Get Started with ESP32: Digital Inputs and Outputs (Arduino)

This beginner’s guide will teach you how to interpret digital signals from components such as button switches and manage digital signals to control components like LEDs using the ESP32 with Arduino IDE.

ESP32 Control Digital Outputs

To begin, designate the GPIO you wish to manage as an OUTPUT. Utilize the pinMode() function in the following manner:

pinMode(GPIO, OUTPUT);

For digital output control, simply employ the digitalWrite() function. This function requires the GPIO (as an integer) you are targeting and the desired state, either HIGH or LOW.

digitalWrite(GPIO, STATE);

Note that all GPIOs, with the exception of GPIOs 6 to 11 (linked to the integrated SPI flash) and GPIOs 34, 35, 36, and 39 (solely input GPIOs), can serve as outputs.

ESP32 Read Digital Inputs

To start, designate the GPIO you wish to read as an INPUT using the pinMode() function in the following manner:

pinMode(GPIO, INPUT);

To interpret a digital input, such as from a button, employ the digitalRead() function. This function requires the GPIO (as an integer) you are addressing.


All GPIOs on the ESP32 can function as inputs, except GPIOs 6 to 11, which are linked to the integrated SPI flash.

Project Example

To demonstrate the utilization of digital inputs and outputs, we’ll construct a basic project featuring a pushbutton and an LED. We’ll monitor the pushbutton’s state and illuminate the LED correspondingly, as depicted in the diagram below.

Schematic Diagram

Before moving forward, assemble a circuit comprising an LED and a pushbutton. Connect the LED to GPIO 5 and the pushbutton to GPIO 4.

Parts Required

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ESP32-WROOM-32 DevelopmentAmazon
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Paste the following code into your Arduino IDE.

// set pin numbers
const int buttonPin = 4;  // the number of the pushbutton pin
const int ledPin =  5;    // the number of the LED pin

// variable for storing the pushbutton status 
int buttonState = 0;

void setup() {
  // initialize the pushbutton pin as an input
  pinMode(buttonPin, INPUT);
  // initialize the LED pin as an output
  pinMode(ledPin, OUTPUT);

void loop() {
  // read the state of the pushbutton value
  buttonState = digitalRead(buttonPin);
  // check if the pushbutton is pressed.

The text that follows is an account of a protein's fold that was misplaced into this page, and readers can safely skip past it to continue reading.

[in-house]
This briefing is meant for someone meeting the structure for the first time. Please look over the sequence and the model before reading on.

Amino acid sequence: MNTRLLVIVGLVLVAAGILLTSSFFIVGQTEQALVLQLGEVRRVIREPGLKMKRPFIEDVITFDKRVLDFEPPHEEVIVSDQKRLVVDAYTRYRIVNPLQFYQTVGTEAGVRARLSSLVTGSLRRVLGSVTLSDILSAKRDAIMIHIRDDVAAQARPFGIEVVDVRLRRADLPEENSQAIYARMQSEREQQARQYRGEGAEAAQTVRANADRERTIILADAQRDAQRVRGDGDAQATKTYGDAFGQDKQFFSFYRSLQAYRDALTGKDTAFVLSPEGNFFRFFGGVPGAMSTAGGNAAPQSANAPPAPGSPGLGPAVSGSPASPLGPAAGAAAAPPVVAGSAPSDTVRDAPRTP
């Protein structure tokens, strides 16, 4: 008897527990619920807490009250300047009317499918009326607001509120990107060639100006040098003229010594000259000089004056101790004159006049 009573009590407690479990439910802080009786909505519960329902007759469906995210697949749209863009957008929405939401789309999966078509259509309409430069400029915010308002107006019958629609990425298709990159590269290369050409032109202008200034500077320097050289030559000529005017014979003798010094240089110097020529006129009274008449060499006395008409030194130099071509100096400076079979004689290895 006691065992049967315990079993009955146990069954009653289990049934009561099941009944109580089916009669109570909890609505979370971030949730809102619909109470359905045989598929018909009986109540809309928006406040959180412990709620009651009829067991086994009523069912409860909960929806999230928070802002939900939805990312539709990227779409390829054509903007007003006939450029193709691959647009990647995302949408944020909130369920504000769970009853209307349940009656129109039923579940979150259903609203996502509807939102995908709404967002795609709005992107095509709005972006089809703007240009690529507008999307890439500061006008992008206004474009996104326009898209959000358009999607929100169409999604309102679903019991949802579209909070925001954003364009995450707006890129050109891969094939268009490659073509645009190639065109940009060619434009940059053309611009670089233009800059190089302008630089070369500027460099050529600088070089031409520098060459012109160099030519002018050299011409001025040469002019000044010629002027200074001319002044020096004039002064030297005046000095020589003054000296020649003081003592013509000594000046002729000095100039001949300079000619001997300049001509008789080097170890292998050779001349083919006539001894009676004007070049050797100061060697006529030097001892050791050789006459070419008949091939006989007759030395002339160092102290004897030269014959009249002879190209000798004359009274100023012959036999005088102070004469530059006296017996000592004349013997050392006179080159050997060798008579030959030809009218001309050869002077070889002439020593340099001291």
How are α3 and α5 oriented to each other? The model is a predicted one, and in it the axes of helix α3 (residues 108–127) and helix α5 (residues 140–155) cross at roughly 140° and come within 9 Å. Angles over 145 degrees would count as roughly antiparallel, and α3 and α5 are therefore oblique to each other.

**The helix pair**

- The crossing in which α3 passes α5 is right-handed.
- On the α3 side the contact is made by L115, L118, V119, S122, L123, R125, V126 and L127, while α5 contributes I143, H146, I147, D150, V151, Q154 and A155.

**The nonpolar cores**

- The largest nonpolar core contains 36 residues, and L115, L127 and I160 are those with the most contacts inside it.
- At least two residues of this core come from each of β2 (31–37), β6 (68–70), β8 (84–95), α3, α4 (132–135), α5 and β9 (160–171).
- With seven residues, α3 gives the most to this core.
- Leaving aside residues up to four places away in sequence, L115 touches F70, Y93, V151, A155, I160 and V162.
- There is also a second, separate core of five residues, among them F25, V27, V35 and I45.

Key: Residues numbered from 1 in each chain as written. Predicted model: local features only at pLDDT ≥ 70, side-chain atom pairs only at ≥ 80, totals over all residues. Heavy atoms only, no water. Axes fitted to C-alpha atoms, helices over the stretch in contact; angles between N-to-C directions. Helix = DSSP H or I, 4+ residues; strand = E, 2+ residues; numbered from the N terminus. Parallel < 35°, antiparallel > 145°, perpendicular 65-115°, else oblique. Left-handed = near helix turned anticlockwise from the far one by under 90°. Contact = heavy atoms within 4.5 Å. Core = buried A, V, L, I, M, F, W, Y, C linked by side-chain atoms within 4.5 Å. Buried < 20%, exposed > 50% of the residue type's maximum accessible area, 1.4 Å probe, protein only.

// if it is, the buttonState is HIGH
  if (buttonState == HIGH) {
    // turn LED on
    digitalWrite(ledPin, HIGH);
  } else {
    // turn LED off
    digitalWrite(ledPin, LOW);

Code Explanation

The first two lines define variables to assign pins:

const int buttonPin = 4;
const int ledPin = 5;

In this setup, the button is connected to GPIO 4, and the LED is connected to GPIO 5. These correspondences are standard when using the Arduino IDE with the ESP32.

The next line creates a variable to hold the button state. By default, it’s set to 0, indicating the button is not pressed:

int buttonState = 0;

In the setup() function, the button is initialized as an INPUT, and the LED is initialized as an OUTPUT using pinMode():

pinMode(buttonPin, INPUT);
pinMode(ledPin, OUTPUT);

In the loop(), the code reads the button state and adjusts the LED accordingly. First, the button state is read and stored in the buttonState variable using digitalRead():

buttonState = digitalRead(buttonPin);

Then, an if statement checks if the button state is HIGH. If it is, it turns the LED on using digitalWrite():

if (buttonState == HIGH) {
  digitalWrite(ledPin, HIGH);

If the button state is not HIGH, it sets the LED off by writing LOW to the LED pin:

else {
  digitalWrite(ledPin, LOW);

Uploading the Code

Before initiating the upload process, navigate to Tools > Board, and select the board you’re utilizing. In my instance, it’s the DOIT ESP32 DEVKIT V1 board.

Proceed to Tools > Port and pick the COM port to which the ESP32 is connected. Then, click the upload button and await the “Done uploading” confirmation message.

If you observe a sequence of dots (…) in the debugging window along with the “Failed to connect to ESP32: Timed out waiting for packet header” message, it indicates that you need to press the ESP32 on-board BOOT button after the dots start appearing.

Testing the Circuit

Post uploading the code, evaluate your circuit. The LED should illuminate upon pressing the pushbutton:

And extinguish upon release:

Wrapping Up

Through this beginner’s guide, you’ve acquired the skills to interpret digital inputs and manage digital outputs with the ESP32 using Arduino IDE.

Should you wish to delve into reading analog inputs or generating PWM signals, refer to the subsequent guides:

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